8,000
    Felix Mendehlson's String Symphony No. 8, by the London Festival Orchestra, conducted by Ross Popol.

    Mendehlson was a child prodigy and wrote 13 String Symphonies in his early teens before he attempted writing full symphonies later on.
    "Say the Word"

  7. #7
    Registered User Exalted Member Fireand'chutes77's Avatar
    Join Date
    Jan 2005
    Location
    The Old Dominion
    Posts
    2,946
    Watching Jimi Hendrix's rendition of "The Star-Spangled Banner" on YouTube after linking to it from a Washington Post article about Woodstock.

    I guess 40 years and literal non-existence at the time of the event do a lot: except for the screechy bit in the middle, Hendrix's version is awesome. It sounds like the kind of thing that'd be really cool in an action movie. I'm also amazed by the 'vocalizations' he's able to tease out of his guitar; for most of the song, it doesn't look like his fingers are even touching the strings!
    Carpe Navi: Because you never know when you'll get to go boating at government expense again.

  8. #8
    Moderator Venerated Elder TransWarpDrive's Avatar
    Join Date
    Jul 2007
    Location
    The suburbs of Go City
    Posts
    10,074
    Currently listening to I Was A Fool (To Let You Go) by Barry Manilow; from his 1978 album, Even Now.

  9. #9
    Administrator Honored Elder jeriddian's Avatar
    Join Date
    Jun 2006
    Location
    Midland, Texas
    Posts
    8,000
    Quote Originally Posted by Fireand'chutes77 View Post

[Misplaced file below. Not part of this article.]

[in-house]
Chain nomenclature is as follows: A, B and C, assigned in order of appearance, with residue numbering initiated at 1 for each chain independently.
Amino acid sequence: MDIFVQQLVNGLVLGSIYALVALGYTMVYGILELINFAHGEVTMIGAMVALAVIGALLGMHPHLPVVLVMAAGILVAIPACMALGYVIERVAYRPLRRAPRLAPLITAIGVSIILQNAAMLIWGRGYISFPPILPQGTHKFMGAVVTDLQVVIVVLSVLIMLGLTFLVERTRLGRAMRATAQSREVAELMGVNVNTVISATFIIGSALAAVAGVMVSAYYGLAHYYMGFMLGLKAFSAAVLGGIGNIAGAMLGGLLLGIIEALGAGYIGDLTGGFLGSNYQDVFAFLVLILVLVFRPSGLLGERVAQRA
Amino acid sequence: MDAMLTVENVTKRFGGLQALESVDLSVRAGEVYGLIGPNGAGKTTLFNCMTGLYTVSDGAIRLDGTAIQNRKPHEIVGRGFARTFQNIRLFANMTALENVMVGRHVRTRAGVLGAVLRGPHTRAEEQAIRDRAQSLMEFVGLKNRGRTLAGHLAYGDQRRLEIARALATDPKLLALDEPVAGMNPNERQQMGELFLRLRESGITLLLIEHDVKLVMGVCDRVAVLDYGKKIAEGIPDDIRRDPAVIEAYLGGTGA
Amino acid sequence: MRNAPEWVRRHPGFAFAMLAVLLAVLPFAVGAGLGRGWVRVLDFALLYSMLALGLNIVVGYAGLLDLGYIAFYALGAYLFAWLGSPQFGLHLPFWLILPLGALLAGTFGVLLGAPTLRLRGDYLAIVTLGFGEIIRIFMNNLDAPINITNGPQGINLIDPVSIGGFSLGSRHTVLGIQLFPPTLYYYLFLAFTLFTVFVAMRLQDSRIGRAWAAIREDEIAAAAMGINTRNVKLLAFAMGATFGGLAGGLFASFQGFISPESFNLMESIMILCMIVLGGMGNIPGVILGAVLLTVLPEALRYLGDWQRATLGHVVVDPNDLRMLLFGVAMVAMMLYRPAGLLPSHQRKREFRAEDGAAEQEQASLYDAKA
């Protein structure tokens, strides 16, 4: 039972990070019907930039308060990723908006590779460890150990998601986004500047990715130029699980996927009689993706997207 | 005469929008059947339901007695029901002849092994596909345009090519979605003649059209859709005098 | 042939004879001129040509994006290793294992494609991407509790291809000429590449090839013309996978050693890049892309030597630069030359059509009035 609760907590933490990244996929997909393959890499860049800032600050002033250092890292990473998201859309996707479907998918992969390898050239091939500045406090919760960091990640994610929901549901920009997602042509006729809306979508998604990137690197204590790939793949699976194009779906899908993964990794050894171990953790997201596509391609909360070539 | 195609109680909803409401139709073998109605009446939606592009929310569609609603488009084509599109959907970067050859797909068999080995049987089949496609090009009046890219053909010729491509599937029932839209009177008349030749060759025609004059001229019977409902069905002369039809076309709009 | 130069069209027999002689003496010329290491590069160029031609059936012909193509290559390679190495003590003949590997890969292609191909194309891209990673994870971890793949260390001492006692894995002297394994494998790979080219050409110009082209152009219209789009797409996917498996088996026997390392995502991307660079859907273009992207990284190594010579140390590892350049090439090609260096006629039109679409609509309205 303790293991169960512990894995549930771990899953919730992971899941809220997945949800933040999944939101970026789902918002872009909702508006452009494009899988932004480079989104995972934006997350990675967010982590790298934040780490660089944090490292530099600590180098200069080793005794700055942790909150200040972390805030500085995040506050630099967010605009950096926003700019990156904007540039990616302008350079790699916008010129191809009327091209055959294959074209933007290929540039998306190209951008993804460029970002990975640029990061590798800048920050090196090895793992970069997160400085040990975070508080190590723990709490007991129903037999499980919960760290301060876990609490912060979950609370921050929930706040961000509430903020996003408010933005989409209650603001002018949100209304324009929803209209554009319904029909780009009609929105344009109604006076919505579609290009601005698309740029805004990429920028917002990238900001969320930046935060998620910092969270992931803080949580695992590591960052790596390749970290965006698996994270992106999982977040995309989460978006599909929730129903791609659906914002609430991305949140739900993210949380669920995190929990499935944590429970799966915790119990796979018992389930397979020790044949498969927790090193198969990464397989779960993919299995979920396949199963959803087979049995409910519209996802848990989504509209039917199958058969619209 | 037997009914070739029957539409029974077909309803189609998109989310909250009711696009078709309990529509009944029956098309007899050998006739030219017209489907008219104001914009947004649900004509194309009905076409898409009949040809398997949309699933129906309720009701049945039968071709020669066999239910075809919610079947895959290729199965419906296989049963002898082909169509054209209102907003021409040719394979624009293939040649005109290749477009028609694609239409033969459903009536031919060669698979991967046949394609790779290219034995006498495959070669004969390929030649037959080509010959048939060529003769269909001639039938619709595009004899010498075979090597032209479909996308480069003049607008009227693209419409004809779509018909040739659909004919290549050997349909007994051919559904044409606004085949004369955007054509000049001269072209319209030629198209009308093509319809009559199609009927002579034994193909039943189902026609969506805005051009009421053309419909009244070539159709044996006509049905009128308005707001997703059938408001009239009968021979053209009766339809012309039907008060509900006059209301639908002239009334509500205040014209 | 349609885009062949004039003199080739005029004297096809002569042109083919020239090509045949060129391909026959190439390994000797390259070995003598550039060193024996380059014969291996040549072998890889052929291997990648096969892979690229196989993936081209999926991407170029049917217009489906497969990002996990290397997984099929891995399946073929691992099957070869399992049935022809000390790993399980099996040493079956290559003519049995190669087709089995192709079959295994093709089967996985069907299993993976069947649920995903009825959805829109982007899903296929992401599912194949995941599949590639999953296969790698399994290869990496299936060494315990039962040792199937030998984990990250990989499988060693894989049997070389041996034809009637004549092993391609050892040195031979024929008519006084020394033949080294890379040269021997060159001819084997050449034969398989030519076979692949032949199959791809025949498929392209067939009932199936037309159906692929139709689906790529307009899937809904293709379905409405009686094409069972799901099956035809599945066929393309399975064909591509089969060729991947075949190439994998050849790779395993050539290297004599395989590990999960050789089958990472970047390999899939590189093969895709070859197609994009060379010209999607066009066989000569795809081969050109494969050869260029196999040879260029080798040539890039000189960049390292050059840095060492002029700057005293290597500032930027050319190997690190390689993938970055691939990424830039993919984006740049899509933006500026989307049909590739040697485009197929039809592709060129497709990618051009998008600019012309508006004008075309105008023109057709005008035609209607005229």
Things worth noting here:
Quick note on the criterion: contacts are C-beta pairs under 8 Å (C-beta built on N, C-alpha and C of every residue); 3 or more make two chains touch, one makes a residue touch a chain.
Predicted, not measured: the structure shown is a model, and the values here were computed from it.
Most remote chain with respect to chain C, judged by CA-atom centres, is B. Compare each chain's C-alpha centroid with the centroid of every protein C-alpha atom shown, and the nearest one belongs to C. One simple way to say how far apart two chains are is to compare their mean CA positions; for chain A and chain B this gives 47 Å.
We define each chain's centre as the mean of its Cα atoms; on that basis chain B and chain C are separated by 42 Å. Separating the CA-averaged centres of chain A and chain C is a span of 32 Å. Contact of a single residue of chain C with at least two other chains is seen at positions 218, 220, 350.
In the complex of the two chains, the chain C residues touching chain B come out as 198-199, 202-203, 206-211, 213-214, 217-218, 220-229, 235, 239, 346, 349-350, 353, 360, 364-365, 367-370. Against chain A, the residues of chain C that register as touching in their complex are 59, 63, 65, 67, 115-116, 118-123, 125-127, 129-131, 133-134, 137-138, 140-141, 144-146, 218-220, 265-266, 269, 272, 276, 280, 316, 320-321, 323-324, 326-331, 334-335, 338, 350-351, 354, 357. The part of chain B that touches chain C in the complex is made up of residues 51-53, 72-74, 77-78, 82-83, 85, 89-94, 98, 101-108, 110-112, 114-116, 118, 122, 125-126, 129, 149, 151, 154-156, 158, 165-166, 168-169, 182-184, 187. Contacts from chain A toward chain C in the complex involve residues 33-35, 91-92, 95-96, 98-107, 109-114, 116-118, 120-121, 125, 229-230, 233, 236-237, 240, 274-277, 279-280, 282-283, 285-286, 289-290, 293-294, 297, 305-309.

Watching Jimi Hendrix's rendition of "The Star-Spangled Banner" on YouTube after linking to it from a Washington Post article about Woodstock.

    I guess 40 years and literal non-existence at the time of the event do a lot: except for the screechy bit in the middle, Hendrix's version is awesome. It sounds like the kind of thing that'd be really cool in an action movie. I'm also amazed by the 'vocalizations' he's able to tease out of his guitar; for most of the song, it doesn't look like his fingers are even touching the strings!
    That was the beauty of Hendrix. Of course, I did exist at the time (I was fifteen), and I was totally mesmerized by Hendrix's entire Woodstock performance. I was just starting to play guitar then, and I learned that entire Star Spangled Banner performance myself, although I could never quite get the sounds he got, but then I didn't have the souped up Fender Twin Reverb he used for it, (plus I was playing a cheap guitar, not the customized Fender strat he used). But nobody was trying evoke sound effects out of the guitar like he did. Nobody was trying to play lead riffs like he did. It was completely and excitingly new. I don't remember that song any more, but I can still play Purple Haze note for note.

    There is a story that Paul McCartney and Mick Jagger went together to see a private filming of his performance in a movie theatre in England. They both thought that their own careers in rock and roll were finished when they heard Hendrix.
    "Say the Word"

  10. #10
    Super Moderator Honored Elder campy's Avatar
    Join Date
    Aug 2007
    Location
    Klein Innsbruck
    Posts
    7,384
    On radio: San Francisco Opera's production of Giuseppe Verdi's Simon Boccanegra. Baritone Dmitri Hvorostovsky sings the title role, a real-life pirate who became the first doge of Genoa in the 14th century.

Similar Threads

  1. What are you listening to? Track 5
    By jeriddian in forum General Discussion
    Replies: 118
    Last Post: 03-24-2018, 05:39 PM

Posting Permissions

  • You may not post new threads
  • You may not post replies
  • You may not post attachments
  • You may not edit your posts
  •